It’s as if the owner has taken a wait-and-see approach on how Shanahan deals this season with Griffin, who is not just his main bread-winner but his new best friend on the roster.
“When you have that relationship with your player and you care about him to a large degree and you’re the owner of the team, I think it still becomes difficult sometimes to make decisions that could alter that friendship,” Arrington told me Tuesday, adding that he believes Snyder has learned from past mistakes.
The Post Sports Live crew discusses whether Robert Griffin III should have said that he disagreed with coach Mike Shanahan's plan for his rehab.
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With a media horde leaning in, Shanahan, Griffin, Cousins try to discuss their uncertain future.
Robert Griffin III gave his most encouraging performance of the season after being told to sit down.
Robert Griffin III should be grateful for being spared the final three games of this disaster of a season.
“It’s more so that Robert has to be careful,” he said. “When you have an owner that’s befriending you and you’re sitting with him on the airplane and you’re playing chess with him and you’re exchanging pleasantries — I mean I was a pallbearer for that man’s father, that’s how close we got . . . you always have to be mindful that this is still a job and this is still your employer. If he can keep those lines clear, he’ll be fine.”
“It seems as though those things may be getting a tad bit blurred. I don’t know if it’s his relationship directly with the owner or if it’s just the way he feels about the way things have been handled. I’m not really clear on that.”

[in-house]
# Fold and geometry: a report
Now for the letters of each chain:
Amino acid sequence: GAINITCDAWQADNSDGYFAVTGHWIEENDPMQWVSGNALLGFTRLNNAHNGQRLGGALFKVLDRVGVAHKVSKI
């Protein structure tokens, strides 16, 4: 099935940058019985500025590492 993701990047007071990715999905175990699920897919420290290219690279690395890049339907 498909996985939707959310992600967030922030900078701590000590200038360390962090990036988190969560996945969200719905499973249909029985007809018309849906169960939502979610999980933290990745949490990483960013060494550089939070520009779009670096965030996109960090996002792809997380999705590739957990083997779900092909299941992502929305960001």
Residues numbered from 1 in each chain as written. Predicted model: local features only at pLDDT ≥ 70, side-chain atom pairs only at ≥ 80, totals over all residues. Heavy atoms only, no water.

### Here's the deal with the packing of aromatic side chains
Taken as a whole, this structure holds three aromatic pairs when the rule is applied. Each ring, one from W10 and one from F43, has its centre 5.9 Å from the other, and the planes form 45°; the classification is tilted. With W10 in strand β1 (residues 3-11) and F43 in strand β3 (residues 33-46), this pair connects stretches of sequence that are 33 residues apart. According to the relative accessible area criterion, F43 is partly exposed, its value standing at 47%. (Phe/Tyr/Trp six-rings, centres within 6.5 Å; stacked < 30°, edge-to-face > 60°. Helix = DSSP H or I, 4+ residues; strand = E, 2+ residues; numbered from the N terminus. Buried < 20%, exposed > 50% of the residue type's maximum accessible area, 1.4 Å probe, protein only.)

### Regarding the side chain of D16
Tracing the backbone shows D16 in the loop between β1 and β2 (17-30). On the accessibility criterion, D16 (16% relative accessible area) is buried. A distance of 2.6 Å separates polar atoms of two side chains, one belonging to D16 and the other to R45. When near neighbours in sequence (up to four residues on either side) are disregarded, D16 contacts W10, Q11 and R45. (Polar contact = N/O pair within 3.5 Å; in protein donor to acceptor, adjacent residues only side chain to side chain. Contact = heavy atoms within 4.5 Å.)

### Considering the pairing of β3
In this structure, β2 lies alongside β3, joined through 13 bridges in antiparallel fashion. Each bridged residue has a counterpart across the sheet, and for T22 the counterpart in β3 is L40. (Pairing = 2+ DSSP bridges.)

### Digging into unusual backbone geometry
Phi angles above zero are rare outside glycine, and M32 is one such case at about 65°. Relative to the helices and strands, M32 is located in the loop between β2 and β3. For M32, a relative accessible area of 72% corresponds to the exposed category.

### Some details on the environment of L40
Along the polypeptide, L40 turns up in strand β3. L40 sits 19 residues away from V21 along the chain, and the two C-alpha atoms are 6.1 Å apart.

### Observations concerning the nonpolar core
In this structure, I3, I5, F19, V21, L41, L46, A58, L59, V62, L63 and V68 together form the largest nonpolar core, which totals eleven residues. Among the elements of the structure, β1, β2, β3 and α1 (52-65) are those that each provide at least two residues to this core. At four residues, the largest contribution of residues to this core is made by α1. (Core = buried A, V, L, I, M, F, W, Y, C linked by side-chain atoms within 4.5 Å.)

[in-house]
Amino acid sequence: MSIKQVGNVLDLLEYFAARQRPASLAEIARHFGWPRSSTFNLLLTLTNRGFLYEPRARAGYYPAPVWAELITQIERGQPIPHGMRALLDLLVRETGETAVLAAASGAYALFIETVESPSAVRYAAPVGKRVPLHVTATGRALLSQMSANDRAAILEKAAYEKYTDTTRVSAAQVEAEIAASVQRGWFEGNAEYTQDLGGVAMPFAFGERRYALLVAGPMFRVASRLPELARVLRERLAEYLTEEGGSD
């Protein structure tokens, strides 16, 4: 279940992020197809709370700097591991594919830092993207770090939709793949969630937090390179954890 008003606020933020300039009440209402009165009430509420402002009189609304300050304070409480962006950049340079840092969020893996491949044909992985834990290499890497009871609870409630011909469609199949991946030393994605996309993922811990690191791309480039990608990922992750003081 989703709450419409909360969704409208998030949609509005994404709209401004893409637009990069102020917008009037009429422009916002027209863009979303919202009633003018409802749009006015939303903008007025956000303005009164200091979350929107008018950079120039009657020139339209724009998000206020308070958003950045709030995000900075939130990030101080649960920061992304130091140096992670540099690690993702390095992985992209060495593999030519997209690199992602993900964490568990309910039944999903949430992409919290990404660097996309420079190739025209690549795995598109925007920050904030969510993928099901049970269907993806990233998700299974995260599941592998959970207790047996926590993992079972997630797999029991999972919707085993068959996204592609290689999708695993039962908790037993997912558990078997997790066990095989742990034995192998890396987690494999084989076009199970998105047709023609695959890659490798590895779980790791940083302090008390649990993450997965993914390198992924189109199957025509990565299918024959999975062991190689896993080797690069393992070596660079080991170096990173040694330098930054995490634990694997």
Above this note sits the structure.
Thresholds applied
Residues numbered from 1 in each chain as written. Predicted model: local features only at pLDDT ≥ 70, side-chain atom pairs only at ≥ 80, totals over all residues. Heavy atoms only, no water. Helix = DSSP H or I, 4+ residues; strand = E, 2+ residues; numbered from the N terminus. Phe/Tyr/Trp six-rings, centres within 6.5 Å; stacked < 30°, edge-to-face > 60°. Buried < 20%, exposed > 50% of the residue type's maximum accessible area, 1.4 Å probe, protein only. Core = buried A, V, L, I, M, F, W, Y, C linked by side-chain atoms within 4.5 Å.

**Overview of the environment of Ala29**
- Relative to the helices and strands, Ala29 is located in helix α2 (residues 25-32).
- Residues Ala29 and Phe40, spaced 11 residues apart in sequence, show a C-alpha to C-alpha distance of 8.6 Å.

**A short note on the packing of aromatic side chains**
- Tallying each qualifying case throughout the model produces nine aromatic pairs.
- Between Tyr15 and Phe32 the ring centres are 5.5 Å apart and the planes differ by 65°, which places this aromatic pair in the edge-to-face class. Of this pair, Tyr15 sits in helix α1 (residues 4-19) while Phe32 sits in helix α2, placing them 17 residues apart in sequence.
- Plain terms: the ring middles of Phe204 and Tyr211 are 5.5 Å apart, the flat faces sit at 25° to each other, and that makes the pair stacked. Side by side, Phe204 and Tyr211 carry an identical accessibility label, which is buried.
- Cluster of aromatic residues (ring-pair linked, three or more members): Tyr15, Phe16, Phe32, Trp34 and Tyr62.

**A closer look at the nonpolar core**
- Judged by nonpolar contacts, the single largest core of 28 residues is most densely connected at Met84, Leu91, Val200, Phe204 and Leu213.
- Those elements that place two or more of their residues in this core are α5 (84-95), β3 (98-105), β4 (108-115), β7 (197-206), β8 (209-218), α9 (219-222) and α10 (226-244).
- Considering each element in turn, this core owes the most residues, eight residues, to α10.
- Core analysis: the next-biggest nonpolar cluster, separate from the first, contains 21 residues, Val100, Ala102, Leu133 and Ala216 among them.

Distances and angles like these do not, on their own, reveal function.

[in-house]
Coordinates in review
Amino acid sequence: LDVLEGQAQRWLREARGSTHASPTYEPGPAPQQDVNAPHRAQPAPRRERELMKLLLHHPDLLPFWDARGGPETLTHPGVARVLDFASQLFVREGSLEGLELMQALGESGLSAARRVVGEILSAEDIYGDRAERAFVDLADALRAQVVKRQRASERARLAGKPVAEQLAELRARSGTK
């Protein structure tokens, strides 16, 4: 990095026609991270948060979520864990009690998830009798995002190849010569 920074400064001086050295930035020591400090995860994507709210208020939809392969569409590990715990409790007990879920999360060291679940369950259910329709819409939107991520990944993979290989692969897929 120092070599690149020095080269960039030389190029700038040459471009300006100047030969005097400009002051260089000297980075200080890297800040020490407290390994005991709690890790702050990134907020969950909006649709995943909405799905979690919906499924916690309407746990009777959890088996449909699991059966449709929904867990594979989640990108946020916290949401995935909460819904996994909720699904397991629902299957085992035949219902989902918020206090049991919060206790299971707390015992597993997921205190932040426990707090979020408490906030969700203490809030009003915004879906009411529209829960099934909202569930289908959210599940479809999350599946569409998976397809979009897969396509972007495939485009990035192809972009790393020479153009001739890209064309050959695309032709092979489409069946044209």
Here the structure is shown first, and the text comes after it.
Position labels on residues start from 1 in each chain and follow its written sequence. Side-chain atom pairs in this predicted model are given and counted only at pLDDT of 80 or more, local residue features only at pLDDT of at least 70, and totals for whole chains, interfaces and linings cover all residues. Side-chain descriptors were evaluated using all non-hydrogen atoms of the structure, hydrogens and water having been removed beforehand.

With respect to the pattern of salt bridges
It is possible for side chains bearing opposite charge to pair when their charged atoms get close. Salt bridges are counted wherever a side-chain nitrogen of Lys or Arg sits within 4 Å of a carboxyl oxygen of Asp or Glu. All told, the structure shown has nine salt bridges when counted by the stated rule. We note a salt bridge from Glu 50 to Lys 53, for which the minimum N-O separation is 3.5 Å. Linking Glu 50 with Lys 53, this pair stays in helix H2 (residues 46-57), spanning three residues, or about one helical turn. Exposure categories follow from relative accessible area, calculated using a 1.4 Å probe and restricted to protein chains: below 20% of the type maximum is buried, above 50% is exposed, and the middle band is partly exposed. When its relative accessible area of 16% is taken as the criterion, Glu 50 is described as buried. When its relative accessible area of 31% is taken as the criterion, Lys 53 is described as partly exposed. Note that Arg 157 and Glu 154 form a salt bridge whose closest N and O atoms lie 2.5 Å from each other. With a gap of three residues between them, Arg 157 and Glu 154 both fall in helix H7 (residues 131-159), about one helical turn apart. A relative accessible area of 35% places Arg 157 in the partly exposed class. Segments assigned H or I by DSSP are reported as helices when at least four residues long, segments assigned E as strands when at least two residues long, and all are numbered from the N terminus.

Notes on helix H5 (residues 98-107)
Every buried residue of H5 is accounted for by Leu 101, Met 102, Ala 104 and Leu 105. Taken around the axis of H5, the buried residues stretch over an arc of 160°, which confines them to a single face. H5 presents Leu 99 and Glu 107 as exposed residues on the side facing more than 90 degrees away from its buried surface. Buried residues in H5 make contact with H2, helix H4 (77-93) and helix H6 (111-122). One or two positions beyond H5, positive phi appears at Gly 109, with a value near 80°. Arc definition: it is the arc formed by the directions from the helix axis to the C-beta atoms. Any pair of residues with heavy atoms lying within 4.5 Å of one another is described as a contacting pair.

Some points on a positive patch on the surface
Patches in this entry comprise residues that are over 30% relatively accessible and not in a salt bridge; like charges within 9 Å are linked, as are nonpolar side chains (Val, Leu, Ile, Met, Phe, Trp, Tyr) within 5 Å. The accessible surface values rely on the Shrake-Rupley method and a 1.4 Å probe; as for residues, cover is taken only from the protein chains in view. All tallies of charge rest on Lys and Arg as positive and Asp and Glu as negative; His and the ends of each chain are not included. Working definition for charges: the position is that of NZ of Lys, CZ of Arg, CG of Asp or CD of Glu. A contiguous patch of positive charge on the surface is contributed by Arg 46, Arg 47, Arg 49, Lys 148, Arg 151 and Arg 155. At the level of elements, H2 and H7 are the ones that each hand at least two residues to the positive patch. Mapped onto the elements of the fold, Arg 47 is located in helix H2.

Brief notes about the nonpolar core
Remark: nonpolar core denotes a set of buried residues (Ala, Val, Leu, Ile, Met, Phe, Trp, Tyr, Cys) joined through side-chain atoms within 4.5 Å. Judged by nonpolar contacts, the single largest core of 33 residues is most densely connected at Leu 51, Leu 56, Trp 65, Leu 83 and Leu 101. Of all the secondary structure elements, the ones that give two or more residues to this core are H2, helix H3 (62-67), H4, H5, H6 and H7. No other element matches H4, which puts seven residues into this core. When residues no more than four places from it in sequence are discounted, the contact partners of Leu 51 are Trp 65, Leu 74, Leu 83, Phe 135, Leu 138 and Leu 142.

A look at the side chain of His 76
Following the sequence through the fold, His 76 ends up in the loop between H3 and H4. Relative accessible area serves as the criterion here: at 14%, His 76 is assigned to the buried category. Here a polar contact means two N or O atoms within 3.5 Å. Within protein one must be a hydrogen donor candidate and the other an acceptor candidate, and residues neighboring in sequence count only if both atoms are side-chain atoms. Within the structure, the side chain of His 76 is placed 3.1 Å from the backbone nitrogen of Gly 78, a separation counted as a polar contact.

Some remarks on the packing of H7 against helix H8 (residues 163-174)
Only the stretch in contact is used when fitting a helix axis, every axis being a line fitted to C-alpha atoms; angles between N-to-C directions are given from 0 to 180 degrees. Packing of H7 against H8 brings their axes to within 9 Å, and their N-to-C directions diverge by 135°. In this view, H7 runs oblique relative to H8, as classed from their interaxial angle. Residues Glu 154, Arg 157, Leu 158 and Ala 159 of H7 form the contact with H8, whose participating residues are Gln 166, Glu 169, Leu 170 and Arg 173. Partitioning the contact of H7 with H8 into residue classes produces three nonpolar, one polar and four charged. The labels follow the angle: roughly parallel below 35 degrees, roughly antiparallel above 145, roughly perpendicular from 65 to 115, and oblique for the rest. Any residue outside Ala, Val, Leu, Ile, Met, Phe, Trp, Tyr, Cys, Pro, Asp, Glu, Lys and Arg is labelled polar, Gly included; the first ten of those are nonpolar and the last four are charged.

Look, I don’t know whether Shanahan should be the coach for the next three to five years. I don’t believe the seven-game run to end the season was a mirage, but I want to see how his refurbishing plan works when it comes to the defending NFC East champions handling prosperity instead of just adversity.
I do know if Shanahan isn’t extended before the season is over, the power imbalance is going to grow.
In almost every other NFL locker room the onus is on the player to show he is the right person for the job. But here in Washington, where the owner befriends his best players, it’s always on the coach.
Snyder may just have to grit his teeth like Shanahan did the other day at the lectern and sign his coach up for more years and more millions. Whether Griffin likes it or not, it might be the only way to ensure Shanahan can effectively now govern a franchise with Super Bowl aspirations.
For previous columns by Mike Wise, visit washingtonpost.com/wise.